A.T. Financial Newsletter
Win-win-win with this
charitable giving strategy
Canadians are among the most generous people in the world. According to Statistics Canada, we gave some $8.5 billion to charities in 2011, and fully 23% of us claimed a charitable tax deduction that year, with a median donation of $260.1

Given our collective philanthropic spirit, it's not surprising that many of us also hope to make charitable giving part of our estate plan, to share our good fortune and to stand as a legacy after we're gone. Enter the Charitable Remainder Trust (CRT). This is a truly flexible, powerful tool that can deliver generous tax benefits today, provide a life-long income for you and your surviving spouse (or other loved one), and still leave a very generous legacy to your alma mater or favourite charity at death.

How it works
Briefly, a CRT is a trust into which you would usually place an income-producing asset. There is tremendous latitude with respect to the assets that can be used to fund a CRT. They include life insurance, annuities, cash, securities, and even real estate. You then name your school or other registered charity as the trust's irrevocable beneficiary.

You retain control of the asset for as long as you live, which means that you make the decisions about it and you receive all of the income it produces for as long as you live. At death (or after the deaths of you and your spouse or other designate), the asset
and all of its residual value are transferred to your chosen

From a tax perspective, you are considered to have donated the asset at the time the trust is established. You will receive a tax credit that year based on the fair-market value of the asset.

Why it's so valuable
One of the key benefits of a CRT is that you retain control of its assets. In the case of a family cottage, for example, you might not get an income stream from the donation. But you would enjoy a lifetime's access to property and a sizeable tax credit for donating it. The CRT could also be a way to avoid the prickly subject of who might otherwise inherit the asset and pay the tax bill on its deemed disposition.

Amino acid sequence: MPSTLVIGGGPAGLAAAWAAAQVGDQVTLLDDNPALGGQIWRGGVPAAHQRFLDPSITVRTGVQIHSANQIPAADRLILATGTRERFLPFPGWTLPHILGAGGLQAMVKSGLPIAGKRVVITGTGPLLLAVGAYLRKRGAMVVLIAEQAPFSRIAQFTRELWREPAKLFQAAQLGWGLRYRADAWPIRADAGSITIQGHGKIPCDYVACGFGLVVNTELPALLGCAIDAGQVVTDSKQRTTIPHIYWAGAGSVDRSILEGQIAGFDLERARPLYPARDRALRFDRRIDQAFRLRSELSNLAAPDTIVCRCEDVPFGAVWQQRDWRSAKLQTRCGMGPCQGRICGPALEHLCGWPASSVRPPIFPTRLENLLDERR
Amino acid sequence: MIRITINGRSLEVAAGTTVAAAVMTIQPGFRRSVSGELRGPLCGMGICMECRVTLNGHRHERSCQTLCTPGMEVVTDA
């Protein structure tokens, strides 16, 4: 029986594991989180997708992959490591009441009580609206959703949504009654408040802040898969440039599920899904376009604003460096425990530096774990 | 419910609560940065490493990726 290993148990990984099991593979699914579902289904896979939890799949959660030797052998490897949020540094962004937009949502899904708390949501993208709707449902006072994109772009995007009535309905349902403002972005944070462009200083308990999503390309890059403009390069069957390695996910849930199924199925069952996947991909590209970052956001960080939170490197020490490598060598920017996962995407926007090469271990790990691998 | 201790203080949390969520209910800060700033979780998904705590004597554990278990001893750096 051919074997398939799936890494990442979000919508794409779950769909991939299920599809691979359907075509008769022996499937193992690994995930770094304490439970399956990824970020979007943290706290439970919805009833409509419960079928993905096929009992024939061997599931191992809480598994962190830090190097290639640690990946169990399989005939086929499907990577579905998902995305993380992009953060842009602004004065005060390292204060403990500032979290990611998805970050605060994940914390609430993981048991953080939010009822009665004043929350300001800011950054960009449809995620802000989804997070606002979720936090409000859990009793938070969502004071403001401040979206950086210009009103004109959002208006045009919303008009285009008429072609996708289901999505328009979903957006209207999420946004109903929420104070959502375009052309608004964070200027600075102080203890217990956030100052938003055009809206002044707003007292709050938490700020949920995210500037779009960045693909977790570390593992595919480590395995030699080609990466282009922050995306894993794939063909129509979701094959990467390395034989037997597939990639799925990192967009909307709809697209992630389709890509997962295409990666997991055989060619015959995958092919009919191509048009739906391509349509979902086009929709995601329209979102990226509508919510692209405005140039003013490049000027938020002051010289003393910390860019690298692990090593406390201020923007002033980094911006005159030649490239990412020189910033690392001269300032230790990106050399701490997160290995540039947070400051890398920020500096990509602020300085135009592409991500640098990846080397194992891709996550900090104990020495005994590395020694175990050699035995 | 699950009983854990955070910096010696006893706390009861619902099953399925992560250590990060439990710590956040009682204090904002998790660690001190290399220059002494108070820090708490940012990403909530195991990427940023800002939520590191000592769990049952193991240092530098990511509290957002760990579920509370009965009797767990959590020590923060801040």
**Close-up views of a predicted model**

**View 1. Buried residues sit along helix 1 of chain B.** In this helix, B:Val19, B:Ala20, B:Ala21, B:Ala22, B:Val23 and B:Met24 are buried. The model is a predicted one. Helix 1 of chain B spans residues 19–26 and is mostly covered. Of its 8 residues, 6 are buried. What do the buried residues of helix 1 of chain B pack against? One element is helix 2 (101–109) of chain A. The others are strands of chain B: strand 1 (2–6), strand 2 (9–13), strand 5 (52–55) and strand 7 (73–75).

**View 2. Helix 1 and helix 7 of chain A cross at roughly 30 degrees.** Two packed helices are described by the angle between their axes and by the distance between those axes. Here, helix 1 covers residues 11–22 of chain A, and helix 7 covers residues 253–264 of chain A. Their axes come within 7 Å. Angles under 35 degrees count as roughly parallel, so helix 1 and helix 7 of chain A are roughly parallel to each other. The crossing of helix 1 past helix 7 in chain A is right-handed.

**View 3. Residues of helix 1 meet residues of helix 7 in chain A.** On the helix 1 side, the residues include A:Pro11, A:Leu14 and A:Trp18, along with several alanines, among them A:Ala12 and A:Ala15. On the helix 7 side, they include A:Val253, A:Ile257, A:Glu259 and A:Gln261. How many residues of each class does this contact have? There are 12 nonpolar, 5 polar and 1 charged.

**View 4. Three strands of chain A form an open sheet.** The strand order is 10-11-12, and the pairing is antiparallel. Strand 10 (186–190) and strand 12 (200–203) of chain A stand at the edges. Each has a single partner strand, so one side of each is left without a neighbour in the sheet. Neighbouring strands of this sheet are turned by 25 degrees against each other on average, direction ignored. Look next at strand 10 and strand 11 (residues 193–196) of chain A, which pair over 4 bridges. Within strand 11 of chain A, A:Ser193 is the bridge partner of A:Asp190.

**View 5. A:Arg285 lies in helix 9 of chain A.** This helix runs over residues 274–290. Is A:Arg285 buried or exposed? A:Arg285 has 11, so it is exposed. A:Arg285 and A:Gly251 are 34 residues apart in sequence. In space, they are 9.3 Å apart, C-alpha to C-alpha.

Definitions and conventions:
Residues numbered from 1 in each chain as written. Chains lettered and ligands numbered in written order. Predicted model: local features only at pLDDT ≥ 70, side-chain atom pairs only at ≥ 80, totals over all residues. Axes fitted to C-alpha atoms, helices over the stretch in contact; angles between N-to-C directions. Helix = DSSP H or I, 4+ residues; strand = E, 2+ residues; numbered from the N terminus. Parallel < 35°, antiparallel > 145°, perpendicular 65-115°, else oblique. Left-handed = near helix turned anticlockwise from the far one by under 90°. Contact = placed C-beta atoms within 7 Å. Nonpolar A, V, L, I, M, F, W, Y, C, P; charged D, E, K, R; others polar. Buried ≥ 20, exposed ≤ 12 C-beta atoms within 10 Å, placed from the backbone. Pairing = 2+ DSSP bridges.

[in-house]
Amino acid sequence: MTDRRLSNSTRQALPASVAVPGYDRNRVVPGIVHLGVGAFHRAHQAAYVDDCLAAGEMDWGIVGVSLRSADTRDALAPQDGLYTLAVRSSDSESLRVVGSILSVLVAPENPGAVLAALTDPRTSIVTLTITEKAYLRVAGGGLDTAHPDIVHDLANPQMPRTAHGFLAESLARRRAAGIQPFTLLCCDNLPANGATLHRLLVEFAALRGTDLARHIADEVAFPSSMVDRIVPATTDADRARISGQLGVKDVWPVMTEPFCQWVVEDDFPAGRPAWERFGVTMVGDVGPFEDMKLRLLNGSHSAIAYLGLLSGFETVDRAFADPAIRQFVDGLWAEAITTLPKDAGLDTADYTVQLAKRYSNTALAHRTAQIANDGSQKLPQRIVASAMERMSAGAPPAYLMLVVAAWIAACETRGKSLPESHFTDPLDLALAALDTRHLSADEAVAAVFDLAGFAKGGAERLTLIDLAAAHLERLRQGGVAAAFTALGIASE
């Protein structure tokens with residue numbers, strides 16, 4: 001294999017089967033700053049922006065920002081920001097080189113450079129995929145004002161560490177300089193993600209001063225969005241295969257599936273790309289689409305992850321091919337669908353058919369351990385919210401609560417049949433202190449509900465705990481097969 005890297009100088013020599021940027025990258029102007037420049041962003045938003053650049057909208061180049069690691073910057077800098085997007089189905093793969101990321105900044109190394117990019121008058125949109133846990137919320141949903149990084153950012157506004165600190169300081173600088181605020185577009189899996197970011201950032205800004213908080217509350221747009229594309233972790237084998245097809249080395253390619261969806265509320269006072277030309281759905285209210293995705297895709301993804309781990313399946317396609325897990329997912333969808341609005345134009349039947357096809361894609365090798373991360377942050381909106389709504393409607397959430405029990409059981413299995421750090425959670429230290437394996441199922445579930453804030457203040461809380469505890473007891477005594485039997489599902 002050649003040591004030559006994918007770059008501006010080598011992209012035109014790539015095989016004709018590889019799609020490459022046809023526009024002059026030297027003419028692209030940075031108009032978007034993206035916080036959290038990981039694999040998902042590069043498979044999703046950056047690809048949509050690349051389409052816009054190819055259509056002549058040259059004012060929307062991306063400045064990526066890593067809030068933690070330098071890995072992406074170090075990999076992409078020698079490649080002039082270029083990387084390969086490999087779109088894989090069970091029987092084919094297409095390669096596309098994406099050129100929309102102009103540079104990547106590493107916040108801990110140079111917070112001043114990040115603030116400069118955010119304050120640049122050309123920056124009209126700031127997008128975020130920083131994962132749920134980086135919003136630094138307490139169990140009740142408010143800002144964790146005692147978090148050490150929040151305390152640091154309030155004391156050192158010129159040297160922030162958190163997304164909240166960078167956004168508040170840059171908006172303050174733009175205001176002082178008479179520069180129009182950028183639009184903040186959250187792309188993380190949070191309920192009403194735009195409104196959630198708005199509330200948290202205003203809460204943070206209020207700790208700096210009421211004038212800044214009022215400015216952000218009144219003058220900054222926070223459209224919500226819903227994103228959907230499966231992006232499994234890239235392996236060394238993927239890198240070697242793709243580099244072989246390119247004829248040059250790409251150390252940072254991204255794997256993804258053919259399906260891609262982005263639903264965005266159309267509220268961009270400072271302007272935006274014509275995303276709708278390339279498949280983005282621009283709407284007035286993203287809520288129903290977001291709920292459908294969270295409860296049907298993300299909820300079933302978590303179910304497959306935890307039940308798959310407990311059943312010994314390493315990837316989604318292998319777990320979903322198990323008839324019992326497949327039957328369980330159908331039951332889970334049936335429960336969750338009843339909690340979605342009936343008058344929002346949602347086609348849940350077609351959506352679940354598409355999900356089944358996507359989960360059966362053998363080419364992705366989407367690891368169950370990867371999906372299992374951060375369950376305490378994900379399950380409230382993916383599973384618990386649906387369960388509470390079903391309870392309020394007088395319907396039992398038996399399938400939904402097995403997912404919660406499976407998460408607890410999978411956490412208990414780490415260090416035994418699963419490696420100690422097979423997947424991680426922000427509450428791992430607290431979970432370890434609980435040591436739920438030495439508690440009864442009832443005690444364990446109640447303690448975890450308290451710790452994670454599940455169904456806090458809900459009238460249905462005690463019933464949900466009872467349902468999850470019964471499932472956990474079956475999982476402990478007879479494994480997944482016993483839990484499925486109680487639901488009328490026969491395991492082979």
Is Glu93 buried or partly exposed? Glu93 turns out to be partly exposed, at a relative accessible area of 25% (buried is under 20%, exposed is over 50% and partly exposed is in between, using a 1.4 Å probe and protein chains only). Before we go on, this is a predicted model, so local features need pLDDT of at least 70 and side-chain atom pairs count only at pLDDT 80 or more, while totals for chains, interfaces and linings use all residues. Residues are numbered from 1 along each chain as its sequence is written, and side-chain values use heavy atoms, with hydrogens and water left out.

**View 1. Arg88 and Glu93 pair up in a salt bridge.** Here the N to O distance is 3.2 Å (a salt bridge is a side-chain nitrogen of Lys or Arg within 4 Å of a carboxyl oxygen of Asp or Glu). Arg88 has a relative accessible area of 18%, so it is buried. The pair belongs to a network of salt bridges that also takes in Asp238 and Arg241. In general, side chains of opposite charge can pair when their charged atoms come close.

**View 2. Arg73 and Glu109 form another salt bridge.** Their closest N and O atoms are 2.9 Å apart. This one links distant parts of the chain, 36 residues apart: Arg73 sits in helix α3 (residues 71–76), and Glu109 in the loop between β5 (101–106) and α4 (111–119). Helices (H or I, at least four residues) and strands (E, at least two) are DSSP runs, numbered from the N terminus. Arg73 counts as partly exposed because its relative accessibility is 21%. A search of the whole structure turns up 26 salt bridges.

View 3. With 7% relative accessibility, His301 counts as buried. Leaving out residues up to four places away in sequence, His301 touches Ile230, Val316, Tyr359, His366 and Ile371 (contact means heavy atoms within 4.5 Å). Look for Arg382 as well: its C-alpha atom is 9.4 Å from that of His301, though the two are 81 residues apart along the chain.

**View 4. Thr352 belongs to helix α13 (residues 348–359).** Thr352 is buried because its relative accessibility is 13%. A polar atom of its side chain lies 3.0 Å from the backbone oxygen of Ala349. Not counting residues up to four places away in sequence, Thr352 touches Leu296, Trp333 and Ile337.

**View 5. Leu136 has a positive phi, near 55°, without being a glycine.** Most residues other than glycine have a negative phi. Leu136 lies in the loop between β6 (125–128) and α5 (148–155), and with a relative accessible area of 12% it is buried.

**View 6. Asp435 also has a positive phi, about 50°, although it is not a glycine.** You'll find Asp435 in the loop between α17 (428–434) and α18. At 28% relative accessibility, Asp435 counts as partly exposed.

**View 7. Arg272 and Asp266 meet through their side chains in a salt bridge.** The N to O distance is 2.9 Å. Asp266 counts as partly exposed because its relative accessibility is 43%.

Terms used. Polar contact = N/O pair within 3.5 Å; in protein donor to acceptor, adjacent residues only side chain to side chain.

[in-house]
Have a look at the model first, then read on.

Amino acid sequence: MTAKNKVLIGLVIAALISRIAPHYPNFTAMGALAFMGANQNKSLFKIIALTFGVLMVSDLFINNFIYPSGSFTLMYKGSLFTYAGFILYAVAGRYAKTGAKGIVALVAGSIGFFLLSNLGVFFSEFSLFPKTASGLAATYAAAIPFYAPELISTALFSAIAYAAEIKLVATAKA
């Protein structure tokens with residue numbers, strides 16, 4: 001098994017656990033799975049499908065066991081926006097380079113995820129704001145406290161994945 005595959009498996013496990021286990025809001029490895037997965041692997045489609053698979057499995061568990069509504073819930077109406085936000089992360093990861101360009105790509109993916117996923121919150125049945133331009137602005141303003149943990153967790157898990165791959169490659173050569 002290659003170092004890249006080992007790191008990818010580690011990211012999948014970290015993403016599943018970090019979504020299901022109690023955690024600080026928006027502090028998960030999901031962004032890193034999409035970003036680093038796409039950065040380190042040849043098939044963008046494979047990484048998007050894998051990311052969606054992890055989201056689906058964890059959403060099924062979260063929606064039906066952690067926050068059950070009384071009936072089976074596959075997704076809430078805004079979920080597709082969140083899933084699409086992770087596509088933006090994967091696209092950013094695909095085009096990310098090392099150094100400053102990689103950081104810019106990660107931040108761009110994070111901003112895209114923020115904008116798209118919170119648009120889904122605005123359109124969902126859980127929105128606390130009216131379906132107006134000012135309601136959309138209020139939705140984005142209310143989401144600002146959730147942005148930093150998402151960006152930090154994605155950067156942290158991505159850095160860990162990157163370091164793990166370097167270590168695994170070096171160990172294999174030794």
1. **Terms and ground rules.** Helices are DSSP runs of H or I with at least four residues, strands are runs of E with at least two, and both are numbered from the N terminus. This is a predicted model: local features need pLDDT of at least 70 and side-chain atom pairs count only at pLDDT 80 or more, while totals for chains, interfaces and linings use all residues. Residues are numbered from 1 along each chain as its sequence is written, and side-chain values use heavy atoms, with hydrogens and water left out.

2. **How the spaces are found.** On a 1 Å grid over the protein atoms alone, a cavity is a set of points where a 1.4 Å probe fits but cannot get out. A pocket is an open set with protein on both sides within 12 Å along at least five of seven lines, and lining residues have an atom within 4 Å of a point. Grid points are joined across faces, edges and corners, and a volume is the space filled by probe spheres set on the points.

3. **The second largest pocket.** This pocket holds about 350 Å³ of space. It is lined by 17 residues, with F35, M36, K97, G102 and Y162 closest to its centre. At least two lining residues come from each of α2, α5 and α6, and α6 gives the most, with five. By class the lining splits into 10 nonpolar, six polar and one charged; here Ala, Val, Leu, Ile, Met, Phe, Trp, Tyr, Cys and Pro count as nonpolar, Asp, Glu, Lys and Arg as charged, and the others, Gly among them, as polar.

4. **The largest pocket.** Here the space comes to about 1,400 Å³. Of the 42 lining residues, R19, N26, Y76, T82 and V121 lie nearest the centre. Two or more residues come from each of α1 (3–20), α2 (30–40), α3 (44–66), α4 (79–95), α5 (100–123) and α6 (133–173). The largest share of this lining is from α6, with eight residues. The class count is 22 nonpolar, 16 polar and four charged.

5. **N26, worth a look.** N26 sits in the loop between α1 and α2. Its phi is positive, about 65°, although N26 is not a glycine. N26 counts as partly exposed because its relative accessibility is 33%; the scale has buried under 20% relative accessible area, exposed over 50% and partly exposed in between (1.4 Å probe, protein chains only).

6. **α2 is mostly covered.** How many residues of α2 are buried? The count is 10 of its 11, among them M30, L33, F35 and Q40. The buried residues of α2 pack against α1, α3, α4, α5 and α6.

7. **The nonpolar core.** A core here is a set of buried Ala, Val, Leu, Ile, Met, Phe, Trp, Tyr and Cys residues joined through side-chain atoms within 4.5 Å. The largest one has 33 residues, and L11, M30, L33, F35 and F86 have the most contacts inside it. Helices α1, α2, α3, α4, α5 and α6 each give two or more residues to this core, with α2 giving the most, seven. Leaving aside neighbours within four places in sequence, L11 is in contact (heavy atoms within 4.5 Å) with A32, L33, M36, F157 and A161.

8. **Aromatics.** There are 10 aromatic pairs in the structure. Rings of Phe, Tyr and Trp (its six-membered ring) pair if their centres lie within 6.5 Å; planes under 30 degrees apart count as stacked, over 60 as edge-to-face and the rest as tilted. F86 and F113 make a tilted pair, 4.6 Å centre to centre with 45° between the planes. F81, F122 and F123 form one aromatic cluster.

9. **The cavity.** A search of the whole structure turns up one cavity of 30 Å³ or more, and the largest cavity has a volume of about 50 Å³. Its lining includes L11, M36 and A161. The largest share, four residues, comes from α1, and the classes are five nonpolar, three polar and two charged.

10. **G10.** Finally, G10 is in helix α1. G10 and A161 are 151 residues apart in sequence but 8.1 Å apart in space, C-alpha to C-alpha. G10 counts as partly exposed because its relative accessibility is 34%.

Another benefit is that assets assigned to a CRT do not have to pass through probate and so will not leave your estate with any probate or administration fees.

As you would expect, careful planning when establishing the trust will help secure the most benefit now and for your beneficiary down the road.

These types of gifts are much sought after by charities and many organizations have full-time staff to answer your questions and administer your gift. It may even be possible to establish an endowment fund or program that will carry your name forever. We can help you get started.
1 Statistics Canada, The Daily,
February 13, 2013.
Could you outlive
your income?
We don't hesitate to insure our most important assets - our lives, our homes, our ability to earn a living. But what have you done to protect your retirement lifestyle from the possibility that you will run out of money before you run out of living?

Consider the statistics: If you're a 60-year-old woman, you can expect to live to almost 90. If you're a man that same age, you should plan on celebrating your 87th birthday.1

Safeguard your income
A longer life means more years in retirement. If you are expecting to fund those years with payments from a pension plan, your Registered Retirement Savings Plan (RRSP), and other investments, you can take steps now to safeguard that income. One option to consider is an annuity.

An annuity can help protect the lifestyle you envision: It guarantees you will not outlive your income.

Flexible options
You can set up an annuity to guarantee your income for as long as you (or you and your spouse) are living. You can purchase it with either registered or non-registered money. And, for even more peace of mind, your payments can be set to increase each year, to counter the effects of inflation.

As you're contemplating the best way to safeguard your retirement lifestyle, know this: We can't help you live long, but we can definitely help you prosper.
1 Canadian Institute of Actuaries, Canadian Pensioners Mortality, July 2013.
For more information,
please contact us at

(647) 833-2782